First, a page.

What is gate theory?
When you get a mosquito bite and it itches like crazy, what do you do? You scratch it.
When you stub your toe, you immediately put pressure on it.
You are interrupting the signal to your brain and overriding it by sending a stronger signal than the itch (mosquito) or pain (stubbed toe) signal. That is basic Gate Theory, and we can apply it using the five senses to contractions during labor. When we use our five senses, we can override what the brain may interpret as painful labor contractions, and as a result, the mother may perceive the labor as less painful, and let’s be real… who doesn’t want labor to be more comfortable?
If you have ever had a pregnant cat or dog, you know that when the time comes for babies they tend to go to a smaller dark space, and they like privacy. If interrupted, labor will often stop. If you attempt to move them to where you want them, they will leave and go to where they feel safe to deliver their babies. All mammals will try to find privacy, safety, and optimally darkness.
Why does this matter?
It matters because we are mammals.
We give birth like mammals when we are undisturbed in labor.
We have forgotten this for the most part because we have access to Western medicine and technology and some of the best doctors in the world (and thank goodness for that), but when left to their own devices, most mothers will not deliver on their back and will find somewhere that is smaller, darker, and private to birth their baby.
At the end of the day, we still have the same mammalian instincts. The issue is that we often can’t hear those instincts over all the noise of technology of people being helpful.
What I have noticed as a birth doula —whether home, birth center, or hospital—when undisturbed , most women will act as mammals do in labor. I have doula’d more moms through pushing in the smallest bathroom in a home. We are VERY rarely in the large open area of a home. When a mom feels overwhelmed during a hospital birth, the bathroom is where she will go. It is small and we can dim the lights. It sends a message of privacy, and people naturally stay out. Moms will retreat to where they feels safest.
I first noticed this trend during Kingston’s birth. I had seen the Pinterest photos, and so I set the birth pool up in the open living room, and it was beautiful. I had splurged on the top of the line professional birth pool. It was way too open, and I hated being in the middle of that huge room with so much space. I kept retreating to the tiny guest bathroom that fits one non-pregnant person. I normally hate that bathroom. I dislike the paint color. I dislike how small it is. My mammal laboring self needed a super small dark space to be left alone, and it was perfect for birth. I locked everyone out (much to my husband’s dismay), and only came out when I was ready to push. His labor was a total of three hours from first contractions to nursing, and I think I spent about 2.5 hours in that time bathroom. In case anyone is wondering, the paint color has seriously grown on me and I am now attached to it.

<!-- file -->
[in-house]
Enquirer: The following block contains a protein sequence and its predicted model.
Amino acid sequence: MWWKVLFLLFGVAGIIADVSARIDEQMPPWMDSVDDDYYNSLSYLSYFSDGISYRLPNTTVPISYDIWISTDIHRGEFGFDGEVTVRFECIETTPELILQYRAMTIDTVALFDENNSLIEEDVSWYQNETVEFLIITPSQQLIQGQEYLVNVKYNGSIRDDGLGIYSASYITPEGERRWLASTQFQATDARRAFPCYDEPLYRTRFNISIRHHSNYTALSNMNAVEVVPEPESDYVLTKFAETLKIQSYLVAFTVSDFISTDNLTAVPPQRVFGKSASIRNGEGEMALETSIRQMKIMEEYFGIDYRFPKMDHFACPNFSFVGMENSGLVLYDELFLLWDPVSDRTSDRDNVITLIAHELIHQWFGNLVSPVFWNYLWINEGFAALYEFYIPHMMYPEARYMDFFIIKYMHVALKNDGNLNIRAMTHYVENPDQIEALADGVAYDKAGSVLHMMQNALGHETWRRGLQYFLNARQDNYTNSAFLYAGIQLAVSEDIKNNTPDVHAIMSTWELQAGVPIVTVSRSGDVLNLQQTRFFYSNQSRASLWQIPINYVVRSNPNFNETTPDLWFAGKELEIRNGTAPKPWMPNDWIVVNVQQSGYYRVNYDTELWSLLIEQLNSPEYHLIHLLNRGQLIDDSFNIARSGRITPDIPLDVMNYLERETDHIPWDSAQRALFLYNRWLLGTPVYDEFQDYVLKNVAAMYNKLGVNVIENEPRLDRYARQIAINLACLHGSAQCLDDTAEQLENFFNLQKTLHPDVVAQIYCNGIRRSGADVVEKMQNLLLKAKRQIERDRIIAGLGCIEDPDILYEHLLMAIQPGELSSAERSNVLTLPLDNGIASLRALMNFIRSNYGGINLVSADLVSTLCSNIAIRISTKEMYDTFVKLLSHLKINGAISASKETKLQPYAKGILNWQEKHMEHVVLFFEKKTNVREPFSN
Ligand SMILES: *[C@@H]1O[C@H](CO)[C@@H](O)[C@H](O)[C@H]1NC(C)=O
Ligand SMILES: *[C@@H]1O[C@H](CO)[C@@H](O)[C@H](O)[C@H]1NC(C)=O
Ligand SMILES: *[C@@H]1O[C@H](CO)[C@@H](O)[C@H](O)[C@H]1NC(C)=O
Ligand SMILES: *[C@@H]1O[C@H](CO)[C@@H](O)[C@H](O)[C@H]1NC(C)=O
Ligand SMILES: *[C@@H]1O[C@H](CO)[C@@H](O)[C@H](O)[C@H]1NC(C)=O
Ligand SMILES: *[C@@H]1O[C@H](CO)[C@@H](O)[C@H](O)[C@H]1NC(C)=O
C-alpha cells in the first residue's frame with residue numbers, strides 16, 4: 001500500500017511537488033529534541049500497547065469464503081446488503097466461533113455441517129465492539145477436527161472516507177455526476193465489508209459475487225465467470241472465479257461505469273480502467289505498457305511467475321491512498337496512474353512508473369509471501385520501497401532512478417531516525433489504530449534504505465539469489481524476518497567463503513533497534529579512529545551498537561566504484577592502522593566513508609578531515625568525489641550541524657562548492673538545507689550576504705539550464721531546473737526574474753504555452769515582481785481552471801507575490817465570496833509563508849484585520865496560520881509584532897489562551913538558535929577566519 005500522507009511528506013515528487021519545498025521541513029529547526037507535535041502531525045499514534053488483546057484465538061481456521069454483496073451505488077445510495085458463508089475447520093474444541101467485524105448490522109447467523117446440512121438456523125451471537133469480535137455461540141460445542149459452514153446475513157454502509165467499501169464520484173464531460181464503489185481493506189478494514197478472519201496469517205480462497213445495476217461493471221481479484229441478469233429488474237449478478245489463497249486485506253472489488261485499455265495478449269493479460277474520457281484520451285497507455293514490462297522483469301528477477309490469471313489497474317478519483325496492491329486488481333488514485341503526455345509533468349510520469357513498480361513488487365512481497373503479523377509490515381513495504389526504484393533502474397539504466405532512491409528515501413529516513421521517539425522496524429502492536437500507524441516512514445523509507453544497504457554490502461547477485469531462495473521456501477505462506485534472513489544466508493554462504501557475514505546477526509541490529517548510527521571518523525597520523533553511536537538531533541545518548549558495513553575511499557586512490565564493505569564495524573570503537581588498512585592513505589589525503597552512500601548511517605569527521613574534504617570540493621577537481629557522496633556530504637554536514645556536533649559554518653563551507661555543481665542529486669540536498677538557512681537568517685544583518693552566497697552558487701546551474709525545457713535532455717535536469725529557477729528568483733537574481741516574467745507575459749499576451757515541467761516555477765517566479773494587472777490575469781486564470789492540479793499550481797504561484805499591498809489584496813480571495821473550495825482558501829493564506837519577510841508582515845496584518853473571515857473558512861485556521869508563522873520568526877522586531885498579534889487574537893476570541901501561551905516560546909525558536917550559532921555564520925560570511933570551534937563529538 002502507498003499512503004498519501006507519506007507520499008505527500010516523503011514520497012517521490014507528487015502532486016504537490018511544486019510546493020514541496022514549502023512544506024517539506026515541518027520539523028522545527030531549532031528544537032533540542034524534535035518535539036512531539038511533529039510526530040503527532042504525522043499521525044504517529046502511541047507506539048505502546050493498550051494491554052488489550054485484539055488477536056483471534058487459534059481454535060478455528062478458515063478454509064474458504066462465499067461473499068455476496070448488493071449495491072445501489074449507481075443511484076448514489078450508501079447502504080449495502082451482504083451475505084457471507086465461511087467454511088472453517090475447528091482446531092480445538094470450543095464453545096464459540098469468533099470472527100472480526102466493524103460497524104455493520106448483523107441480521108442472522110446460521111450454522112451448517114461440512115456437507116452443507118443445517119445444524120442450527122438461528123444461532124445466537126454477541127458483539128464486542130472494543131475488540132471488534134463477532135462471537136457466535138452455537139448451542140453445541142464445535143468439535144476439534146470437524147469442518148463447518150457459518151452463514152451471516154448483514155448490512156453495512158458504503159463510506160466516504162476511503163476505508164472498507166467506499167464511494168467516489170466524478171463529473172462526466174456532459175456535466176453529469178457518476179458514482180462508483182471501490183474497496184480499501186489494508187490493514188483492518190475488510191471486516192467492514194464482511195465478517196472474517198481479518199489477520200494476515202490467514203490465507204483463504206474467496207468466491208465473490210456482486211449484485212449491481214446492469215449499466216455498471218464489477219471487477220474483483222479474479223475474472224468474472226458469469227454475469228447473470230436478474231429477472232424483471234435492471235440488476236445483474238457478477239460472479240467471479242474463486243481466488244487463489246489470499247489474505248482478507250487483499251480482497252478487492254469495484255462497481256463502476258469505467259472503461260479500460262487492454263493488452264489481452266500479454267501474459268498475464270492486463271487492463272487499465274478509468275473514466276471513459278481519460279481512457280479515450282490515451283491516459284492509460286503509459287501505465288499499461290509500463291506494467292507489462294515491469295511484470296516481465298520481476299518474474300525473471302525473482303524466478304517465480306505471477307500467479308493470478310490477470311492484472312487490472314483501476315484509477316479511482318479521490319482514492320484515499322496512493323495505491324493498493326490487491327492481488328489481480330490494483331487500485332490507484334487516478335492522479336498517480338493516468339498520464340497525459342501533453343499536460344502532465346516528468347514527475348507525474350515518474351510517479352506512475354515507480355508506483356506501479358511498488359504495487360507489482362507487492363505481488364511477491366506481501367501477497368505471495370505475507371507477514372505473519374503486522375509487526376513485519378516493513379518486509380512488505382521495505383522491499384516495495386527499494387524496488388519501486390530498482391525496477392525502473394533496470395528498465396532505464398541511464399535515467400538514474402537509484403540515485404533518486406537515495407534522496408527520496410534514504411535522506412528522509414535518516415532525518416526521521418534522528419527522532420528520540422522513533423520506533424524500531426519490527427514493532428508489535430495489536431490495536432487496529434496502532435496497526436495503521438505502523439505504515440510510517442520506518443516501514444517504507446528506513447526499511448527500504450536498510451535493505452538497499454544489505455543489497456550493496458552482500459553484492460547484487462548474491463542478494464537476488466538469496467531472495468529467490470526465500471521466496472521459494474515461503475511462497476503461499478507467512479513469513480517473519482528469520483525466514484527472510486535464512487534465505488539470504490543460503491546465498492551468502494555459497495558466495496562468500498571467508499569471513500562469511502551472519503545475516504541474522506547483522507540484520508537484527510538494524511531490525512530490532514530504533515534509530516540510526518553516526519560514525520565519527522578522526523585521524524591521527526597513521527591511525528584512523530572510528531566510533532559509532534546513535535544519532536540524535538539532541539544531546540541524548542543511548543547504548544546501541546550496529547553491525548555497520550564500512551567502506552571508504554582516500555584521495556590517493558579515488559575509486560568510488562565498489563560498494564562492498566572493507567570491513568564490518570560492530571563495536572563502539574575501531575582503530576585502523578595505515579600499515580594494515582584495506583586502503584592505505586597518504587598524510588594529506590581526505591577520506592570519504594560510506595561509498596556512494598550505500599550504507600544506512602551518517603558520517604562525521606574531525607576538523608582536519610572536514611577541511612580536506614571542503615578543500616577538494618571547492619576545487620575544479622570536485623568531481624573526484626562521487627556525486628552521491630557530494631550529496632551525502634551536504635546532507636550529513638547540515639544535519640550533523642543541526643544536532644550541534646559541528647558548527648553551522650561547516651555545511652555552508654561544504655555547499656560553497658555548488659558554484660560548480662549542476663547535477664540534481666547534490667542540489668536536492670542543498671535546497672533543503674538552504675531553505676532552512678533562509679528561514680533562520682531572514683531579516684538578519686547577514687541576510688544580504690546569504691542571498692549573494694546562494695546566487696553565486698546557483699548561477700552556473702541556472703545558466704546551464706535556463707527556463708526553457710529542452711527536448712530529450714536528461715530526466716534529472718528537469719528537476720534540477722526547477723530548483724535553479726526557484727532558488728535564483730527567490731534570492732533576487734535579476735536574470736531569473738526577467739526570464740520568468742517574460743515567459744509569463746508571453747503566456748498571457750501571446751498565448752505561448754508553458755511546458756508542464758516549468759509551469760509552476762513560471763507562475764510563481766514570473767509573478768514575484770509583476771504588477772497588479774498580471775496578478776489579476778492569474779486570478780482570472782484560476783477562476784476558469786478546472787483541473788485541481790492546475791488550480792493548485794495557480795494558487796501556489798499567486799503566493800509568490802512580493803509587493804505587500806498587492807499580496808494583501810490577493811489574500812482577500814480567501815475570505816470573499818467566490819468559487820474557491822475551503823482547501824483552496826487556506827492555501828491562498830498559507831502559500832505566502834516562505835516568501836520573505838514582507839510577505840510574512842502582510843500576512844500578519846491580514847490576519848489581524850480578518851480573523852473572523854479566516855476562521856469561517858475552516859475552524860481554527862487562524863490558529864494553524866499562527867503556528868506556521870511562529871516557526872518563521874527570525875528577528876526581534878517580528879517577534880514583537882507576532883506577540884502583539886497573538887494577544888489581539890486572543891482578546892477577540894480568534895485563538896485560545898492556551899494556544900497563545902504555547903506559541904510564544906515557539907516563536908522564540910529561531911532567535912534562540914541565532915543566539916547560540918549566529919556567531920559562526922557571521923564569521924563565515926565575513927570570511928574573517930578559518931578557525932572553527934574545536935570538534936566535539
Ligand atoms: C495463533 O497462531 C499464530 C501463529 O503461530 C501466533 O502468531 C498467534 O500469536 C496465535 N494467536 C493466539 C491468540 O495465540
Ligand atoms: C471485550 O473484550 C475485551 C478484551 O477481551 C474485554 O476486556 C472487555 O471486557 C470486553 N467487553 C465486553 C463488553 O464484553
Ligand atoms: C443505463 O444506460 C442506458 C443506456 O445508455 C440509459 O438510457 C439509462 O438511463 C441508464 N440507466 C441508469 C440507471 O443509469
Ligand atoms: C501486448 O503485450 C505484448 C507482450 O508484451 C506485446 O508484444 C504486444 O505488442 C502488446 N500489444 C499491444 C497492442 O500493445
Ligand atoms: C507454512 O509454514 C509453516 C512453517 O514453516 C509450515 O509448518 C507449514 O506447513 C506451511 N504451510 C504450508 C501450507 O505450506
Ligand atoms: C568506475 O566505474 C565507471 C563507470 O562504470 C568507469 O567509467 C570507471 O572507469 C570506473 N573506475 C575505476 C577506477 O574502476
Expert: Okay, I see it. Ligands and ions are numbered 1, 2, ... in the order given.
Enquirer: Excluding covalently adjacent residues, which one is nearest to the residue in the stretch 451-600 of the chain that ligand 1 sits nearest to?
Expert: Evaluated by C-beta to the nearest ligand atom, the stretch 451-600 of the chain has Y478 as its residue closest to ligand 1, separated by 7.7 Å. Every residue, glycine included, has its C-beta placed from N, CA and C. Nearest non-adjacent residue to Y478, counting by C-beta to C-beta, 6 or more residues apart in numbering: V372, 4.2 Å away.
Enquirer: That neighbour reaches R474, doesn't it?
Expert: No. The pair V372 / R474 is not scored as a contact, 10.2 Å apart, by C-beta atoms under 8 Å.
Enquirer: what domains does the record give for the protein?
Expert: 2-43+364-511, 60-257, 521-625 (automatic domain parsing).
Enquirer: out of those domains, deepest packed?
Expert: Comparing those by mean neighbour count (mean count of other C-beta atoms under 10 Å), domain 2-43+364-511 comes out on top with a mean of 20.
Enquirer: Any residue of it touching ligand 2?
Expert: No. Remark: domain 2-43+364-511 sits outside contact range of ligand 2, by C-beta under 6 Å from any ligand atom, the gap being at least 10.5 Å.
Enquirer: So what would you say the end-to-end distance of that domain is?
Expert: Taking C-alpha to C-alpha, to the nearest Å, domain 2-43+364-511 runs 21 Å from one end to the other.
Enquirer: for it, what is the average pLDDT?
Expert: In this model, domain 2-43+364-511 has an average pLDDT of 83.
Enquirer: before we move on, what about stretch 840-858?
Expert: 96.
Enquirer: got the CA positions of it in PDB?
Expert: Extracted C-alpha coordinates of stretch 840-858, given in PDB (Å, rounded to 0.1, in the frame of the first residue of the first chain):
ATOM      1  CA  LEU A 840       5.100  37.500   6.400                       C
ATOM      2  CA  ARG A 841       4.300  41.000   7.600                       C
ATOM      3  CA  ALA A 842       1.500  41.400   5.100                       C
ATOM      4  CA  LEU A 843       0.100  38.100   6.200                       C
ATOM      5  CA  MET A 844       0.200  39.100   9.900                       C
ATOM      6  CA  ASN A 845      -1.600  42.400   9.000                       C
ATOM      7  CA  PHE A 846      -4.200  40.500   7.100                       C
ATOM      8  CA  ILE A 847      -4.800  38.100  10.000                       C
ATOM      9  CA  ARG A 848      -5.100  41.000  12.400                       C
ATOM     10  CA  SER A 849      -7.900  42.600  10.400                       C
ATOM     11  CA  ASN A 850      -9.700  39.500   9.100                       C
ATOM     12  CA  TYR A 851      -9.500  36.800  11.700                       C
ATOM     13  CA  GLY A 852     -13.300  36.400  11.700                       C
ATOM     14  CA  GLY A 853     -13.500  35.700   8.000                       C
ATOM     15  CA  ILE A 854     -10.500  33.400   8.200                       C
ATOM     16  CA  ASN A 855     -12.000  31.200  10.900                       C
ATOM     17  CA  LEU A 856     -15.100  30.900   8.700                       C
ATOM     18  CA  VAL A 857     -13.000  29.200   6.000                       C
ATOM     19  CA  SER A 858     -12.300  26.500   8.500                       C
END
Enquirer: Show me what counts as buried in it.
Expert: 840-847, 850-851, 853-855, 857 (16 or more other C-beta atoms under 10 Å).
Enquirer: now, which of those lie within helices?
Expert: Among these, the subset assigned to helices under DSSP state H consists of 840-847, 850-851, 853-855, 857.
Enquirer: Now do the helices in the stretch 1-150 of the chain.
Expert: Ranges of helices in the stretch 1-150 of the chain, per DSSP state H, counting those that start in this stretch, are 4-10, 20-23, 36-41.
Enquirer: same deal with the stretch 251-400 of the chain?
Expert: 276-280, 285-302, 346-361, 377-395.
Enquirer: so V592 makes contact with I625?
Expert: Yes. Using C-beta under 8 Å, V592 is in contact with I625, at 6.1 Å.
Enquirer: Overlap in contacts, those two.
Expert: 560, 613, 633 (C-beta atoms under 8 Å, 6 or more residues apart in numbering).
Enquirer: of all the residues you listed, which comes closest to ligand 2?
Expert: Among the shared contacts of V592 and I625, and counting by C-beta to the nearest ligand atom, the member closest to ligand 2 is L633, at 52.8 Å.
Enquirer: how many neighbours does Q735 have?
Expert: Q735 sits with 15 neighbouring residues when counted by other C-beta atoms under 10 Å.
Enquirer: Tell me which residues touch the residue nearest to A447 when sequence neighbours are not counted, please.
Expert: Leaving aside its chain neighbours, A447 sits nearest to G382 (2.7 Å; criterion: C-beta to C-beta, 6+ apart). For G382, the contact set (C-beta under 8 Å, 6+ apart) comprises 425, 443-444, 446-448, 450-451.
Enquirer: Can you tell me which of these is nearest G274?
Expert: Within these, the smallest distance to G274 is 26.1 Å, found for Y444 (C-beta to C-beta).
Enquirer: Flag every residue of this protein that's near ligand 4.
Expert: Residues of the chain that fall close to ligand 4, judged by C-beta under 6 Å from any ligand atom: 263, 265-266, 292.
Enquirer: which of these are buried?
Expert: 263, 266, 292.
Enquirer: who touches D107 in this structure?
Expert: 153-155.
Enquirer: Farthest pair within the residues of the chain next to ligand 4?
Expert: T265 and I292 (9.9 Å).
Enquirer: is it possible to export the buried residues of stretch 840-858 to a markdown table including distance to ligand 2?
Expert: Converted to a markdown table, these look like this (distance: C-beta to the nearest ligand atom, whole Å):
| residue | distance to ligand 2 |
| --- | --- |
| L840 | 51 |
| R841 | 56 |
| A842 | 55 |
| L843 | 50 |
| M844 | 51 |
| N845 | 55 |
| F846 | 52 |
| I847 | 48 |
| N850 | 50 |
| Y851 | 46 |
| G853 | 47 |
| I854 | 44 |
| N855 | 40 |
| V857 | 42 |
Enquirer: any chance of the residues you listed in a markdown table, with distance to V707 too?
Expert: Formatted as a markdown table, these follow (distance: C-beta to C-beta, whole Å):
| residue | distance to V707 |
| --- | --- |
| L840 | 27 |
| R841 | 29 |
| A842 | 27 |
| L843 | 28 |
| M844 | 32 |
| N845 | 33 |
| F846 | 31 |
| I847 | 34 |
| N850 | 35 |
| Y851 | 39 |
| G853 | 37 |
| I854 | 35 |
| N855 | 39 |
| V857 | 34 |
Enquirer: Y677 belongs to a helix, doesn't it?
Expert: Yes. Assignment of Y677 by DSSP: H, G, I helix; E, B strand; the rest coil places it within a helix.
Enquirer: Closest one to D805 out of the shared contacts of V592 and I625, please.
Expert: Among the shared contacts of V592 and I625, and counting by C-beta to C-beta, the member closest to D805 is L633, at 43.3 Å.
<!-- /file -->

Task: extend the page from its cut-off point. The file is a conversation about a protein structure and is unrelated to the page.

What to pack in your labor bags:
What To Pack For Labor is a common thread post in facebook groups and mommy due date threads, but I have a slightly different take, and it is based on Gate Theory.
It is helpful to use your five senses to help override the contraction input—sight, smell, taste, hearing, touch, so pack your bag or stage your birth area based on what will involve those senses. It also helps to think about what has worked for painful or intense situations in the past. In your own home, you will have your own things there, but for changing locations, you will need to bring things to incorporate or override the hospital/adrenaline senses.